We train our students to conduct theoretically-informed and empirically-grounded research in urban and metropolitan settings (US and international), understand interdisciplinary and integrative analyses of complex urban processes and problems, and specialize in techniques for urban analysis with an emphasis on GIS, spatial statistics, or qualitative methods. We draw upon our Philadelphia location to provide students with the opportunity to engage in public policy and applied urban research. Furthermore, students can utilize our faculty's linkages with public agencies, educational institutions, community-based organizations, non-governmental organizations, and social movements in our region, many other regions in the US , and several significant international locations.
Our specific research foci include
Our research program is built upon the understanding that the urban condition is dynamic. Significant changes in information, communication, transportation, and production technologies influence the patterns of trade and culture, flows of capital and labor, and urban and metropolitan environments. These major consequences are manifested at multiple scales—from the local to the global—and impact places and people differentially.
Faculty research projects focus broadly on the interconnections among processes of globalization, the implications for sustainability, and the impact on equity and social justice. These research emphases incorporate a strong analytical foundation of both quantitative and qualitative geographic methods, as well as urban policy.
Sponsored research projects in the department are funded by a variety of federal and international agencies and foundations, including the National Science Foundation, the National Institute of Justice, the National Institutes of Health, The World Bank, and the William Penn Foundation, among others. Through these resources, graduate students play an integral role in sponsored research.
In Fall 2009, the department accepted its first doctoral students in the new program which is designed to educate students for academic careers in teaching and research, as well as for leadership in governmental and private institutions that work on social, economic, environmental, and equity issues in metropolitan regions.
The new doctoral program reflects Temple University's commitment to sustaining and improving cities within its own region and around the world. Under the leadership of President Ann Weaver Hart, Temple is strengthening its urban mission to give the university “a strong role in advancing the city and the region through the creation and application of knowledge” and is expanding its global linkages: “in an era when local conditions are directly linked to global patterns, Temple must not restrict its work on urban trends and problems to the United States alone” (these excerpts from President Ann Weaver Hart's addresses on “21 st Century Cities: Research from Temple” and “Temple in the World,” can be accessed on-line).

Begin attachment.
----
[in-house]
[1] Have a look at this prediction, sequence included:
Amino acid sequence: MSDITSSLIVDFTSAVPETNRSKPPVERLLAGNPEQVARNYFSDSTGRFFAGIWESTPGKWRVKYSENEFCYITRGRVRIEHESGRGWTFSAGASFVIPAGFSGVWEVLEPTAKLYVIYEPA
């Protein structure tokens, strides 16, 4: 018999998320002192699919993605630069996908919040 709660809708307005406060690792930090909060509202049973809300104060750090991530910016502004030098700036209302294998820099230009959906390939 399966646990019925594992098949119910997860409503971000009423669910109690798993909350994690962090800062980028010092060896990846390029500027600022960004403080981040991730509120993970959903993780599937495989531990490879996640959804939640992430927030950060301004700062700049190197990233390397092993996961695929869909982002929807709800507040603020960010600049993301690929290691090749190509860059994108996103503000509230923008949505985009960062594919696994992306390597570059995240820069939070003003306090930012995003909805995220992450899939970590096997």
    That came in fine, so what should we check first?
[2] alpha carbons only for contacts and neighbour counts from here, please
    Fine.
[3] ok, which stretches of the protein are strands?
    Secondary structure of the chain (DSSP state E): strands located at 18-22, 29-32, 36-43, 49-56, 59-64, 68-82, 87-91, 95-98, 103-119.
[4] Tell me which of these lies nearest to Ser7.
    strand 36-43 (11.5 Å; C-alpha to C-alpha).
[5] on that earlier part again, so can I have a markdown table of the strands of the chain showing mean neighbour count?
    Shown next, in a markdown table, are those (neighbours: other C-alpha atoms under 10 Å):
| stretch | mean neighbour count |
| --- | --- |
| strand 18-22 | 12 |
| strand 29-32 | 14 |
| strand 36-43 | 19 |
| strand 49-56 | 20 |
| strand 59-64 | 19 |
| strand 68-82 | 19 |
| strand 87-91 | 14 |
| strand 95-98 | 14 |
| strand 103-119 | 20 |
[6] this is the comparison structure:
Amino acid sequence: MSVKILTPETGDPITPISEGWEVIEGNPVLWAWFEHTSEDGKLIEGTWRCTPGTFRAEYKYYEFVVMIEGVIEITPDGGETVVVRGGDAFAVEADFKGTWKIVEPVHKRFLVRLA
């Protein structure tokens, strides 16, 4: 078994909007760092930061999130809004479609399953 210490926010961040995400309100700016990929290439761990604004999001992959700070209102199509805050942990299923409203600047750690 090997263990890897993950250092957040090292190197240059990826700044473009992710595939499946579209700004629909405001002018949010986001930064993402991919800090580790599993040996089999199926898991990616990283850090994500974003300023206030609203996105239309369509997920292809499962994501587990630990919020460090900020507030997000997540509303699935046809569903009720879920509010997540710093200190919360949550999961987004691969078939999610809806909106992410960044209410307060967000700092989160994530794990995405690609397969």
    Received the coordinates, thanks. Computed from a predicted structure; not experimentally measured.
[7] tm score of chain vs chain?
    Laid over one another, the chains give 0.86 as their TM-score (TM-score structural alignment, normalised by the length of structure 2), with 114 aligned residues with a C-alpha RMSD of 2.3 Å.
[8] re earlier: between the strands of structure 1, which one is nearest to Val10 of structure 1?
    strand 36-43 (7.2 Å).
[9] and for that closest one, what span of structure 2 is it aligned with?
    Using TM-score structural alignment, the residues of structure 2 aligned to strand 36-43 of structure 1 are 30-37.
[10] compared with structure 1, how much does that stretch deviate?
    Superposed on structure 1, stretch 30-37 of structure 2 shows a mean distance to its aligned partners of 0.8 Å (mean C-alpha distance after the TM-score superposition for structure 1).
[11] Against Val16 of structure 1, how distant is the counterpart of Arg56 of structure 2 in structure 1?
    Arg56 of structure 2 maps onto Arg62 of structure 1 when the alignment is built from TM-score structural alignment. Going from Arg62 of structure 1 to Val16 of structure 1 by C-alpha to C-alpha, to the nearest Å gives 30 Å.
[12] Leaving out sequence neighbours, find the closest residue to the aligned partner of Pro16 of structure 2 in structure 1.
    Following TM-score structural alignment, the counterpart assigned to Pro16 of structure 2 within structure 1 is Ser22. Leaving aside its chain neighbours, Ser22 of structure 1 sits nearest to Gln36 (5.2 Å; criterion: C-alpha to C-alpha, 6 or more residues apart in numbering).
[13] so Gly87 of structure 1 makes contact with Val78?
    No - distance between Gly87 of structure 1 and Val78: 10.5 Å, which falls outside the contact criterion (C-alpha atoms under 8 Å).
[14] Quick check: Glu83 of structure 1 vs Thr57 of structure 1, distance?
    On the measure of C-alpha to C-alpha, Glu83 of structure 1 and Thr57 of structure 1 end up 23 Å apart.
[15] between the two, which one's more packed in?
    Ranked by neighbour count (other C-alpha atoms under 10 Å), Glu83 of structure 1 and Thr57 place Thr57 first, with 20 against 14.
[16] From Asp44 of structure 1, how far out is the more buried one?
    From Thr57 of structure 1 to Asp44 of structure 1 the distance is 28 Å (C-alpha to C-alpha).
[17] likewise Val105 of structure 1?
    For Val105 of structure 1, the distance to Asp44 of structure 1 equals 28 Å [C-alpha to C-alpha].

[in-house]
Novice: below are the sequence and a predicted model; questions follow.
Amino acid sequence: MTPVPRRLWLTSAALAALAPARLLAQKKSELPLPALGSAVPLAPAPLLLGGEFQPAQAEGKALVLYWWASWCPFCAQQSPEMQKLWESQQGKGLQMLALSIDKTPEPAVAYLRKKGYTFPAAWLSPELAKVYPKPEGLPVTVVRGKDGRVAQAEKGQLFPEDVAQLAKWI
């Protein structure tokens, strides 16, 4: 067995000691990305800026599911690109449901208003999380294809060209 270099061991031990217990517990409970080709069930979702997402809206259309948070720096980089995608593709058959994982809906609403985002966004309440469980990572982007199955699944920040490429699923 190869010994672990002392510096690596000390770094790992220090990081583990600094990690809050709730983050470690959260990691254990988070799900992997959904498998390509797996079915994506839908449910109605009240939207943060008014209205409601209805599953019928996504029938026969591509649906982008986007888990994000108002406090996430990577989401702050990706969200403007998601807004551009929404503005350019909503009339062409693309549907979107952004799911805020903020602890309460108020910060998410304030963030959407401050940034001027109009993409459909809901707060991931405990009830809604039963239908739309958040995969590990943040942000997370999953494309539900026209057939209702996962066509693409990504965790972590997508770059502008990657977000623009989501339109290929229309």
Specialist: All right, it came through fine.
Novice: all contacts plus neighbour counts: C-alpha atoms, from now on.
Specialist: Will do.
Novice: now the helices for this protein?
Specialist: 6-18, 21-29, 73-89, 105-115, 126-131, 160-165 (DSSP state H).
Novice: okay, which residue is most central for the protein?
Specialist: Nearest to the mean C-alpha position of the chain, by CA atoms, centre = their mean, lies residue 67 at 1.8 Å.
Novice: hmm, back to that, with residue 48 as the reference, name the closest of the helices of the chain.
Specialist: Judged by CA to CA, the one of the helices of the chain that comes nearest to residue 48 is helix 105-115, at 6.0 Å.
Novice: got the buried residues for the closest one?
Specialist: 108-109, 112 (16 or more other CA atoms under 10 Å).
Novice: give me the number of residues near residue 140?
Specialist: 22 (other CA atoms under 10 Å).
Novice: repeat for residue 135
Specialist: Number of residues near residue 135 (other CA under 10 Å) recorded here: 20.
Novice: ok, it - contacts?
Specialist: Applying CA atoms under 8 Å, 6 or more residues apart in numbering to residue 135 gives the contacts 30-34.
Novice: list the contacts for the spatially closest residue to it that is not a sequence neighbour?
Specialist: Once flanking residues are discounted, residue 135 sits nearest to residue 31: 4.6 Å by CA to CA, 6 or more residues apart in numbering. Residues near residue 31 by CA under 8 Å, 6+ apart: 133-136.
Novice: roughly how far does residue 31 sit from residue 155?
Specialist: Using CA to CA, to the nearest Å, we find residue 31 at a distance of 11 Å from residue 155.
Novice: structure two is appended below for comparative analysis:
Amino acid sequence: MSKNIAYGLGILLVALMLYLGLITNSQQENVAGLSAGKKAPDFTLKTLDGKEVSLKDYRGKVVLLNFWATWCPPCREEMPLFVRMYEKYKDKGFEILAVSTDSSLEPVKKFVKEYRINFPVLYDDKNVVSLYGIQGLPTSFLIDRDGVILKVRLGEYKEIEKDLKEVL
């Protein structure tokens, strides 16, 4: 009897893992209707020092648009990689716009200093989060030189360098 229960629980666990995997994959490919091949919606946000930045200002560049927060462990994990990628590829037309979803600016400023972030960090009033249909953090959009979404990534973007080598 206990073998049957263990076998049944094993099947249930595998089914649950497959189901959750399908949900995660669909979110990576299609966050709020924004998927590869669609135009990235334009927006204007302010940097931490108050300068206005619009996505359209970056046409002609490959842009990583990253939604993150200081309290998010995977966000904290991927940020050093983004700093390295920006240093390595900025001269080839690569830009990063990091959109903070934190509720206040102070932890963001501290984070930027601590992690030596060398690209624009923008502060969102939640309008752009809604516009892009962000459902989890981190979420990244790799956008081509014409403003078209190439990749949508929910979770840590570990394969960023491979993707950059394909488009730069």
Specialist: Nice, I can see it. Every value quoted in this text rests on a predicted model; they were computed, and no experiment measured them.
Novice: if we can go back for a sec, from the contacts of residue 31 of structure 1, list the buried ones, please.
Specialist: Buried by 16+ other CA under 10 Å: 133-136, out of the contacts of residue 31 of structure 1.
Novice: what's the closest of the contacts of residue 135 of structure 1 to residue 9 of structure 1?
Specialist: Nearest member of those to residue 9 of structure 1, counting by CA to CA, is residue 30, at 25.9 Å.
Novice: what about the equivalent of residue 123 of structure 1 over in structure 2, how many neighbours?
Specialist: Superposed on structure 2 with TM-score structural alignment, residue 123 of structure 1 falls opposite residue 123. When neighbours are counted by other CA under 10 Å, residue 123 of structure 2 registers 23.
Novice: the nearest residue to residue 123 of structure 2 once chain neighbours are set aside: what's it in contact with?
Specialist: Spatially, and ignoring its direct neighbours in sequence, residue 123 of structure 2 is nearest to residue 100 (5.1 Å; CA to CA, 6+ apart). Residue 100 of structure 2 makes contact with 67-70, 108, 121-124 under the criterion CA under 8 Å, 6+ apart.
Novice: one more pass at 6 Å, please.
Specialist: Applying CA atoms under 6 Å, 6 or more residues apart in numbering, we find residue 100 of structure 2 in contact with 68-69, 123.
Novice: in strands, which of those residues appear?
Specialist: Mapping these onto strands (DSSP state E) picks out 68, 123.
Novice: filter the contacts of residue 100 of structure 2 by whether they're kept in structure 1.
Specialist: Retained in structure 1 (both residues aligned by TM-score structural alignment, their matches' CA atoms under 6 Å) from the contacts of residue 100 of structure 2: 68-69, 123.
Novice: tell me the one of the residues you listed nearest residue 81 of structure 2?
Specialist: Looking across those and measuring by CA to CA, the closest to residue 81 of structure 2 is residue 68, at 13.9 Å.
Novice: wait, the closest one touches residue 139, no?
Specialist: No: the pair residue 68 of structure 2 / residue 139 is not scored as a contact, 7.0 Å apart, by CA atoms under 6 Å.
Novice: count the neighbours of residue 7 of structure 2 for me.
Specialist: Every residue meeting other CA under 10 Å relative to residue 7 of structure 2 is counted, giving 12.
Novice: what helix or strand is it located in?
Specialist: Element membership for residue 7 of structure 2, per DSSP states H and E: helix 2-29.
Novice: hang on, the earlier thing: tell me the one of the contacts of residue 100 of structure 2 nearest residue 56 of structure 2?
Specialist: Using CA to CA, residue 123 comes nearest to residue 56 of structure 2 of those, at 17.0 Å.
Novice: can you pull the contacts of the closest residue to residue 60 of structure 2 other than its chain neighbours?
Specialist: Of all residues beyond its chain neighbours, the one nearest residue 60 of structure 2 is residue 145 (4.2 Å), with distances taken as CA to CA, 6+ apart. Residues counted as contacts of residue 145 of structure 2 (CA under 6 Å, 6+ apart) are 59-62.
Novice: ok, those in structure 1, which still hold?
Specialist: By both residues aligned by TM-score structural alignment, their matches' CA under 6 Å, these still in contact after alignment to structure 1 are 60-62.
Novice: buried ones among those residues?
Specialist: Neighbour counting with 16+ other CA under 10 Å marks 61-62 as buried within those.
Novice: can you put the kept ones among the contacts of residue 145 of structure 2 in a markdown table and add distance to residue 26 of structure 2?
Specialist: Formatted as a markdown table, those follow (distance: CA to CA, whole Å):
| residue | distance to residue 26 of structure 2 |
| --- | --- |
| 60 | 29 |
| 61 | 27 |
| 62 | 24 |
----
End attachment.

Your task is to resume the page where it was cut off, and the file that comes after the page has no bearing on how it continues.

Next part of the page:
The complexity and pace of economic, environmental, and social change require that students are trained in interdisciplinary and spatially integrative analytical frameworks and specialized skills to apply to real-world conditions. Therefore, our curriculum emphasizes theory, applied research, and a range of spatial analytical methods including quantitative (emphasizing Geographic Information Science or GIS) and qualitative skills.
The PhD program is a 61-credit program that admits students holding the bachelor's degree or master's degree in a related social science. To fulfill the degree requirements, students must complete coursework, pass a comprehensive examination, submit a thesis proposal, and then write and defend that thesis.
The program draws upon the interdisciplinary expertise of faculty in the Department of Geography and Urban Studies, but also involves the expertise of graduate faculty in related areas across the University, including Community and Regional Planning, Economics, Sociology, Criminal Justice, Education, and Public Health. Students will engage in research and scholarly activity with scholars who are active in helping to build multiple social science disciplines. In recent years, members of the department have published a half dozen books with leading publishers in the field including Oxford University Press, Wiley and Routledge; contributed articles to leading journals like the Annals of the Association of American Geographers, Environment and Planning A, and the Journal of Urban Affairs, etc., and won competitive grants totaling over $2 million. Faculty research has been sponsored by the World Bank, the United Nations, the United States Information Agency, the Overseas Development Institute, the Inter-American Foundation, and the American Institute of Indian Studies.
Graduates of the program with doctorates in Urban Studies will be able to compete for faculty positions in a range of departments –from geography to interdisciplinary urban departments (such as those in urban studies, urban planning, urban development, and a host of mixed departments). They will also be equipped to seek employment outside of academe. Non-governmental organizations, think tanks, research institutes, service delivery institutions, international development and economic development organizations, increasingly conduct independent research and employ graduate degree holders in interdisciplinary areas like urban studies and environmental studies.